There’s no argument that drinking alcohol can lead to an assortment of health problems. But research has shown that moderate alcohol consumption can help women in their 50s and 60s prevent maintain stronger bones and prevent fractures. A new study claims to have found out why a few glasses of wine a day can promote bone health in menopausal women.
Resorption and bone density
Did you know that your bones are constantly reconstituting themselves? When new bone material is formed, protein from old bone is sloughed off in the bloodstream as it dissolves—a process called “resorption.” For women, estrogen regulates this bone turnover cycle. But during and after menopause, resorption has a tendency to overtake production of new bone cells. As a result, bone density decreases and the risk of osteoporosis increases.
Alcohol for stronger bones?
Previous research has shown that moderate drinkers have better bone density than heavy drinkers or teetotalers. But those studies couldn’t say whether it was alcohol promoting bone health or some other lifestyle factor. In a new study researchers from Oregon State University say moderate alcohol consumption can help middle-aged women maintain stronger bones by actually reducing the rate of bone resorption. The effect of alcohol was so profound that women in the study exhibited a higher resorption rate after just two weeks without alcohol.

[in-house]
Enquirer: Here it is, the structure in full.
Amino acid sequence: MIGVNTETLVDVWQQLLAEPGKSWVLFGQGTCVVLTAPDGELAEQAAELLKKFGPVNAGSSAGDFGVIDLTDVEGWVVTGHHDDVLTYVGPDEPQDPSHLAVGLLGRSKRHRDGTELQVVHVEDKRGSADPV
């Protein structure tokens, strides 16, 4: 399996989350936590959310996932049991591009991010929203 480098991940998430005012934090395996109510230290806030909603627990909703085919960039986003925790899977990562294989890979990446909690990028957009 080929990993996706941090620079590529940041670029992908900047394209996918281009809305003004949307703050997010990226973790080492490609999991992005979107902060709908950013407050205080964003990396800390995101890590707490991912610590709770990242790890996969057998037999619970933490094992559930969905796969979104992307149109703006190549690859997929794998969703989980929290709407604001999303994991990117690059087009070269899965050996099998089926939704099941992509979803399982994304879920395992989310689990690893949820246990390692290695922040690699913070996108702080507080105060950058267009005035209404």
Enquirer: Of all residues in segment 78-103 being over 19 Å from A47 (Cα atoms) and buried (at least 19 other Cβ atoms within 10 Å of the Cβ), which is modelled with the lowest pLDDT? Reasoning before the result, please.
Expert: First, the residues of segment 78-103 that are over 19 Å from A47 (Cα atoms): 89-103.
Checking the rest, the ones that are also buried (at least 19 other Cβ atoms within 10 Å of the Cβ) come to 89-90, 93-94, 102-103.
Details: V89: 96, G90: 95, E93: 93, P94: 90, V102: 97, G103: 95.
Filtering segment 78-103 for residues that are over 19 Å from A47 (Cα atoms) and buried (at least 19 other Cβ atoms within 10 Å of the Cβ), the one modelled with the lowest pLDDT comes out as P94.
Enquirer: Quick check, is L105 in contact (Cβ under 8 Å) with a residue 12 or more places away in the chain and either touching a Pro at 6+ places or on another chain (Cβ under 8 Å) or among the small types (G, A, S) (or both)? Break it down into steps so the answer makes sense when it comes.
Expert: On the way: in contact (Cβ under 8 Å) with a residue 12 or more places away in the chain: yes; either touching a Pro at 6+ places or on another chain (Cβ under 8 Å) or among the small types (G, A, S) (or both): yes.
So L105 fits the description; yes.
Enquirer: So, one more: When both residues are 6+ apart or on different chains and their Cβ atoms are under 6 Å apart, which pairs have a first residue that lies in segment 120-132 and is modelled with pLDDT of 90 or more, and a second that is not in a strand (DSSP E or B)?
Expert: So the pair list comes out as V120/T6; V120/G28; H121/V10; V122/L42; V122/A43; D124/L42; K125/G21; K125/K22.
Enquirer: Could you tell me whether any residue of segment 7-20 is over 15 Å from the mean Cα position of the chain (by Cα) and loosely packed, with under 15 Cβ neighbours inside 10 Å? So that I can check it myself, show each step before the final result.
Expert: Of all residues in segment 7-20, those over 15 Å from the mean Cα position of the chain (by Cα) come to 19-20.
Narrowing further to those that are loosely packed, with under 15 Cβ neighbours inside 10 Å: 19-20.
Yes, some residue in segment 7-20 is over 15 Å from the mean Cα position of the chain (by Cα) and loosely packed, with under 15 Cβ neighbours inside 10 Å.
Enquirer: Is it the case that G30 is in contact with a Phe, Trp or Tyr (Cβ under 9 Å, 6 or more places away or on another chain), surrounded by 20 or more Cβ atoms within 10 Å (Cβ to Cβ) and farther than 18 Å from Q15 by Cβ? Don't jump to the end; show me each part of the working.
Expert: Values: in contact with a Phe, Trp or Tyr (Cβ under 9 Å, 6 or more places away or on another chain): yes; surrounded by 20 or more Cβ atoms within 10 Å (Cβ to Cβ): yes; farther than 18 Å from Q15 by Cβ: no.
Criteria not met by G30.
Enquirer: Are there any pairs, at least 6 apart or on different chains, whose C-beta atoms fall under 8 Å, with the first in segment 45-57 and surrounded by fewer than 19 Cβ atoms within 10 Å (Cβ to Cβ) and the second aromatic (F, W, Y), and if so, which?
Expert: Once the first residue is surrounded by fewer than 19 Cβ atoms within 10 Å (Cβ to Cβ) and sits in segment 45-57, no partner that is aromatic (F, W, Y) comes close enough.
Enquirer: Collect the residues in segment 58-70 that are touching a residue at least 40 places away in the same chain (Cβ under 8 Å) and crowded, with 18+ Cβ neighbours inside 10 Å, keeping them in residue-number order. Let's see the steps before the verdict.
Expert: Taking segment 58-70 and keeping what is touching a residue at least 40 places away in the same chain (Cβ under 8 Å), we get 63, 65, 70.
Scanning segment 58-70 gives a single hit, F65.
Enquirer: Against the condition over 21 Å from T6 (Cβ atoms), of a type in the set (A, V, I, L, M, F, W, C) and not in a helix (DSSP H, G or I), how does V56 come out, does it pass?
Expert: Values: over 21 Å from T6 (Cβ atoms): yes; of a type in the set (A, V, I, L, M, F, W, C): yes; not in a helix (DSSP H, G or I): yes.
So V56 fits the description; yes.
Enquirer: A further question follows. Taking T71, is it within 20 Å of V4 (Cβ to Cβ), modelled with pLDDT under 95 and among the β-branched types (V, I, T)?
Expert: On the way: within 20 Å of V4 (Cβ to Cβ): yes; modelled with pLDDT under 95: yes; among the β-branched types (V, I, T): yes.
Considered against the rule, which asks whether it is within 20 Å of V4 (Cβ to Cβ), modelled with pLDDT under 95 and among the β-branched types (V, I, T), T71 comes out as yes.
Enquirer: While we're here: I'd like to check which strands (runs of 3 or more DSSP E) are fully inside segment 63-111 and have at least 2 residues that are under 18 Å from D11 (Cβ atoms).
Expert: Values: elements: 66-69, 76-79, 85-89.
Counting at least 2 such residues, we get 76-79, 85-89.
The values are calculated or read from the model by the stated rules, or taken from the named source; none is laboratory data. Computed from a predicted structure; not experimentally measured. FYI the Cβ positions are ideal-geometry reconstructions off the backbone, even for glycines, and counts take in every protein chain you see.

Abstinence increases fracture risk
The researchers recruited a group of healthy women in early menopause who were moderate drinkers. They weren’t on hormone therapy and had no history of osteoporosis-related fractures. The study began by taking blood samples that were evaluated for the markers that indicate the rate of bone resorption. After a two-week period of abstinence, the women’s blood was tested again and the resorption markers were significantly higher, indicating that the bone turnover rate—a risk factor for osteoporotic fractures—had increased.
After being evaluated after not drinking for two weeks, the participants were given an amount of alcohol based on their average intake to drink that evening at home. The next morning blood samples were taken again and the researchers were surprised to discover that the rate of bone turnover had already returned to pre-abstinence levels.
Don’t get carried away
In a report on the study published in the journal Menopause: The Journal of the North American Menopause Society, lead researcher Urszula Iwaniec cautioned that so far the research on alcohol and bone health benefits suggests a benefit for menopausal and post menopausal women only, not any other age group or gender. She also emphasized that moderate drinking is the key. “Excessive drinking is bad for your bones,” she said.